Learning from Ken Smith
4 December 2018 would have been Ken Smith’s 80th birthday. That he died in 2003 remains a colossal tragedy for all who loved and knew him, and, more broadly, for English poetry. Had he survived until now I don’t believe he would have seemed much different to the man I first knew more than fifty years ago. The humorous, quizzical manner, the entirely independent and original view of the world, as if seen through one of the spiders’ webs he delighted in making, would surely have remained intact.
I first knew Ken when I was a callow undergraduate at Leeds and he a recent, mature graduate and Assistant Editor of Poetry and Audience, through which I got to know him. This was the time when he was working closely with Jon Silkin just before he became co-editor of Stand. He was writing the poems that came to make up the Eleven Poems of his Northern House pamphlet and eventually The Pity (1967). I would visit him and Ann, first in Pudsey and then in Chapeltown, and passed some of the most enthralling and inspiring evenings of my poetic life. Ken would show me and comment on his own new work. He shared with me his enthusiasm for Lorca and other Spanish language poets such as Otero, Vallejo and Machado, as well as the Americans, Bly, James, Wright and Merwin who were involved with the Sixties Press and related magazines.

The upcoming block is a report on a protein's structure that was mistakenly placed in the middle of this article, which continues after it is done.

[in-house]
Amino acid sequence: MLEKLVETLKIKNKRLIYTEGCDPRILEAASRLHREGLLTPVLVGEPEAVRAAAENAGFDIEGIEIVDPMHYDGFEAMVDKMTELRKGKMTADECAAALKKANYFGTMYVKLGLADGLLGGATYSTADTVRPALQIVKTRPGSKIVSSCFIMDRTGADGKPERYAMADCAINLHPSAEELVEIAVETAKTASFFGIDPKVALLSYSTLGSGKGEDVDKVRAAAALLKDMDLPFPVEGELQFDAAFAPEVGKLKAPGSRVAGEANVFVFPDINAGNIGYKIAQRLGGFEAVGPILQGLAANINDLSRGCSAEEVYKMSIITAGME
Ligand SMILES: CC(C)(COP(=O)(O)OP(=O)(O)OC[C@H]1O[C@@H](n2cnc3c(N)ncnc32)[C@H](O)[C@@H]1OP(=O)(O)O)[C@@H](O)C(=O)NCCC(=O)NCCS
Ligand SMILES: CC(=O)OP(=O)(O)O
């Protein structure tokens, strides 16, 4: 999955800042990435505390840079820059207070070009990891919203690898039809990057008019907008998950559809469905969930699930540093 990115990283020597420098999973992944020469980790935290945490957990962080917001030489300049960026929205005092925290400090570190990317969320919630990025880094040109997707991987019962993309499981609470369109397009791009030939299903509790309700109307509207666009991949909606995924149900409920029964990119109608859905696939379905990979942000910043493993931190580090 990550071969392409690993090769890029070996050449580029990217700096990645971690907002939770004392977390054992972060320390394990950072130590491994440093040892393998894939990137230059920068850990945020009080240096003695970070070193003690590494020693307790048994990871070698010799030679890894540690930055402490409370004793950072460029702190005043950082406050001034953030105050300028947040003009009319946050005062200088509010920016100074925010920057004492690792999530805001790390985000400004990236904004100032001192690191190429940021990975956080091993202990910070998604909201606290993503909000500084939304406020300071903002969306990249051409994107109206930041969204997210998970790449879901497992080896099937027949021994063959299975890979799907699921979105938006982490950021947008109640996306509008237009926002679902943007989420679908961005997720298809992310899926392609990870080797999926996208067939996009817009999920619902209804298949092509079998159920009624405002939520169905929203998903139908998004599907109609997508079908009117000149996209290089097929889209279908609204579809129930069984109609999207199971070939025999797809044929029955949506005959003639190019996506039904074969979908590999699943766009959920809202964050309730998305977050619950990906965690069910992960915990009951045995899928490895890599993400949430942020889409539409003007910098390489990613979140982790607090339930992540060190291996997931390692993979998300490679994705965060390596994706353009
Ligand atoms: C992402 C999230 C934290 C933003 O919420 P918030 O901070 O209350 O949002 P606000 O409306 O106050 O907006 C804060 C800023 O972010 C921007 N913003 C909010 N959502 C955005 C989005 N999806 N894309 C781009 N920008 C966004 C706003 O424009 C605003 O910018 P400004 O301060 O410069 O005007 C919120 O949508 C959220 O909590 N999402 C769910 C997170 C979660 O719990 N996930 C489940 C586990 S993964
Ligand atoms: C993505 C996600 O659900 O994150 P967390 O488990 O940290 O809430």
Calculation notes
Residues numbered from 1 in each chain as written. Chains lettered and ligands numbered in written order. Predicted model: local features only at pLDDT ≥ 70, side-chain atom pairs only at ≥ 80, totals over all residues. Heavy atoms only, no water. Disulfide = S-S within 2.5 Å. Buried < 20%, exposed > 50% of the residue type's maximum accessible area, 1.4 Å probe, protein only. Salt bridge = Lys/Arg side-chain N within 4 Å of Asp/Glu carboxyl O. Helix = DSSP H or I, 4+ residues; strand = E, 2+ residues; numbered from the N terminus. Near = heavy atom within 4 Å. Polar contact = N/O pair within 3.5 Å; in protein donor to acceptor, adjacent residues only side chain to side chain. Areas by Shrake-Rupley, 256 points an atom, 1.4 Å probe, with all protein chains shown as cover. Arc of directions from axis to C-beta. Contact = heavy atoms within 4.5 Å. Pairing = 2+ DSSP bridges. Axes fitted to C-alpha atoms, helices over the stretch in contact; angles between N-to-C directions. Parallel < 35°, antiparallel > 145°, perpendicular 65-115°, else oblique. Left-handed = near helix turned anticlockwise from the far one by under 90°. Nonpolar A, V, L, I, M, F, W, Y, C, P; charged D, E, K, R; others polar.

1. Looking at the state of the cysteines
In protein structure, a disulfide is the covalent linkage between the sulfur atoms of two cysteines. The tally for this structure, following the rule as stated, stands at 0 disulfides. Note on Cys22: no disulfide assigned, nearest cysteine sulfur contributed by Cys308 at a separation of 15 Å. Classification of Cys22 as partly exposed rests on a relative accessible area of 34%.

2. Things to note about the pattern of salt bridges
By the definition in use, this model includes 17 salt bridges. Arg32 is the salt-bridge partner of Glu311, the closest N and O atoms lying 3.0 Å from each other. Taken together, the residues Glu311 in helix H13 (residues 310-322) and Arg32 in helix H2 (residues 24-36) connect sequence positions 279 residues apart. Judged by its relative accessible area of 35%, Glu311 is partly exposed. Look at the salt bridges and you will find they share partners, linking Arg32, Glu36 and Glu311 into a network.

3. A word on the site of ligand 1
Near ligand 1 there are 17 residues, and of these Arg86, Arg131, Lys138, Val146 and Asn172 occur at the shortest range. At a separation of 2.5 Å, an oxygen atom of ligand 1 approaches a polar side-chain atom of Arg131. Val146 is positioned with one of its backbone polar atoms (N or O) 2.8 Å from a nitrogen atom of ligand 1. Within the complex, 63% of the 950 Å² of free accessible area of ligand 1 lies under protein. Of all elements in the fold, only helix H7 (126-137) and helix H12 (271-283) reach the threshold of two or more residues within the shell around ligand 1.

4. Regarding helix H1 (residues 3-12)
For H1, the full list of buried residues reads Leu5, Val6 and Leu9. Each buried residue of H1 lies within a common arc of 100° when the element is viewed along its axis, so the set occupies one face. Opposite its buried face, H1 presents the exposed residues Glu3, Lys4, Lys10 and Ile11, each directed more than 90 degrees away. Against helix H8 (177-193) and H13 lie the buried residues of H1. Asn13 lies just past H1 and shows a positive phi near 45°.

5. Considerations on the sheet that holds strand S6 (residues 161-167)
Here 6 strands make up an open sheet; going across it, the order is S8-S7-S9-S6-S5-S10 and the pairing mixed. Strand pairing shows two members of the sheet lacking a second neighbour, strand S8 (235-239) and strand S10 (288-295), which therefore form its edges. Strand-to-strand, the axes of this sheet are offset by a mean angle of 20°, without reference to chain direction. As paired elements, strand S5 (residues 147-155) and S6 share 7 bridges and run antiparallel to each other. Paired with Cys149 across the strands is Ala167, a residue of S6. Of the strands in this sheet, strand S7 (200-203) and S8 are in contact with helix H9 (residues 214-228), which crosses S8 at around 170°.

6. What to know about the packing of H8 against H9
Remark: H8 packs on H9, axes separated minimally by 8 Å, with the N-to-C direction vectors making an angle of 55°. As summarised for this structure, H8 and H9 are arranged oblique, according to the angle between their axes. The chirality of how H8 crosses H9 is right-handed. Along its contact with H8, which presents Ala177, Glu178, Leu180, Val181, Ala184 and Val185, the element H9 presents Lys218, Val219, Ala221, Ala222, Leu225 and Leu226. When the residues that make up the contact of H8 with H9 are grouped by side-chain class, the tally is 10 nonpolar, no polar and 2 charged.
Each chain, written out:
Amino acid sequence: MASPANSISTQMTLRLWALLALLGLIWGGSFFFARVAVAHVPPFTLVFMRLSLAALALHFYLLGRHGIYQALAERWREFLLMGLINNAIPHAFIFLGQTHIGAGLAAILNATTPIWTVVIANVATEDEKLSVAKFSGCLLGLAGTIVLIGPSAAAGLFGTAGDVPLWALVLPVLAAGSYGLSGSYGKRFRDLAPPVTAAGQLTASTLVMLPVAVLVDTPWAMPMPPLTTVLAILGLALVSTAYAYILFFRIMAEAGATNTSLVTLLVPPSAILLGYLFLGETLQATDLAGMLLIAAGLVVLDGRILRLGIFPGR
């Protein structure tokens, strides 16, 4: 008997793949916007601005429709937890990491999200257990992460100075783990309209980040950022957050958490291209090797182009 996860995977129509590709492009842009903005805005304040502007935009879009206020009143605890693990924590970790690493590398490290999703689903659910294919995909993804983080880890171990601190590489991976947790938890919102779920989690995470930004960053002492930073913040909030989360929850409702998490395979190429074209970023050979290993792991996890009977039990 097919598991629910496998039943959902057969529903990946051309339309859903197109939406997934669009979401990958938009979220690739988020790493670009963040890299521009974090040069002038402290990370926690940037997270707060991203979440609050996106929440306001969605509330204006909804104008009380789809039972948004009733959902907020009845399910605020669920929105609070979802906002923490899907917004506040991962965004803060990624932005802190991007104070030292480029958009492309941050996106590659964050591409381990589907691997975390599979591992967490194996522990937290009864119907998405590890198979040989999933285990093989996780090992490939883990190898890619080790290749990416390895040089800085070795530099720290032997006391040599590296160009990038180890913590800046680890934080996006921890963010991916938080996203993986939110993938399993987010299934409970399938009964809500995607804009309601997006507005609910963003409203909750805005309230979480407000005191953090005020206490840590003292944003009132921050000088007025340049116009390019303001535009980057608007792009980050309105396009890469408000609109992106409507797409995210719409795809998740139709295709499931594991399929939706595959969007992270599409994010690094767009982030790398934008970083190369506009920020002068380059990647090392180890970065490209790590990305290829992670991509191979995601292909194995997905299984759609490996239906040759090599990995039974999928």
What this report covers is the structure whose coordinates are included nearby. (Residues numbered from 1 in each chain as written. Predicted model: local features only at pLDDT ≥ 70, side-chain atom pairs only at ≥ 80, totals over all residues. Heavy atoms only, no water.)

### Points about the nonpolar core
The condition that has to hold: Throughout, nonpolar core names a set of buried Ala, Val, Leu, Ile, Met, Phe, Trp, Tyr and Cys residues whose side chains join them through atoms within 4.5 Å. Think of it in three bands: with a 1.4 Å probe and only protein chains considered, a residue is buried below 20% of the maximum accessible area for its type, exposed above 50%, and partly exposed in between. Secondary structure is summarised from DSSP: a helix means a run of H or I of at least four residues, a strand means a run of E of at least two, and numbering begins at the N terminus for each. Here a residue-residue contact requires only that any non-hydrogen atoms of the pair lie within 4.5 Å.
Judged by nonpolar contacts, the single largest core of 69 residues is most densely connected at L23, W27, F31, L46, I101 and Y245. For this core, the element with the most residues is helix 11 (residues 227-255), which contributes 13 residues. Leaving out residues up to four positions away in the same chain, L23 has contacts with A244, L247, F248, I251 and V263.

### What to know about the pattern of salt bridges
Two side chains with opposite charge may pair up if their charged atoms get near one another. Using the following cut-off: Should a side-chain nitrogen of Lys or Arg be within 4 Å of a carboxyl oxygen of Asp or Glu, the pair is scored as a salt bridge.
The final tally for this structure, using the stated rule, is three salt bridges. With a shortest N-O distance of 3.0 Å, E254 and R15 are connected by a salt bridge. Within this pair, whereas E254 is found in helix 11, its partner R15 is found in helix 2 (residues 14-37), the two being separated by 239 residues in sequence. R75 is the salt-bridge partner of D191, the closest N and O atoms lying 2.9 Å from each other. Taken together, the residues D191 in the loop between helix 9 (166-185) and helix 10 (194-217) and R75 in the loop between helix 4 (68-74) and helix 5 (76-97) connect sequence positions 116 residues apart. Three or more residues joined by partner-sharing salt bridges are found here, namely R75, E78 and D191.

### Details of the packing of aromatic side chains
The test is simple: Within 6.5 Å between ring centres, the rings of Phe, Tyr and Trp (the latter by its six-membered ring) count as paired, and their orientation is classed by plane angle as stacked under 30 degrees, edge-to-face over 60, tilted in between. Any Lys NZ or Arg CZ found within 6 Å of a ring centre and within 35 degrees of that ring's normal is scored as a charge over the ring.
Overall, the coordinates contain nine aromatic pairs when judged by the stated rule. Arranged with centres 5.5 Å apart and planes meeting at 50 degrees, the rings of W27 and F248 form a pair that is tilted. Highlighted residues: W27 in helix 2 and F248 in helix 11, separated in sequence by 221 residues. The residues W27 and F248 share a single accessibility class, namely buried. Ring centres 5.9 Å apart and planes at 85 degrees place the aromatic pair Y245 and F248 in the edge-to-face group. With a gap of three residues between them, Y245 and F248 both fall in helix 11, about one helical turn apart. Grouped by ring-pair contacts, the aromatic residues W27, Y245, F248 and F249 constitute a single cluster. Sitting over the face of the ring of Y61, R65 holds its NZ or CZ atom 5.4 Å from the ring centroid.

Later Ken was reluctant to own his poems of this period, finding them ‘too hammered’ ...
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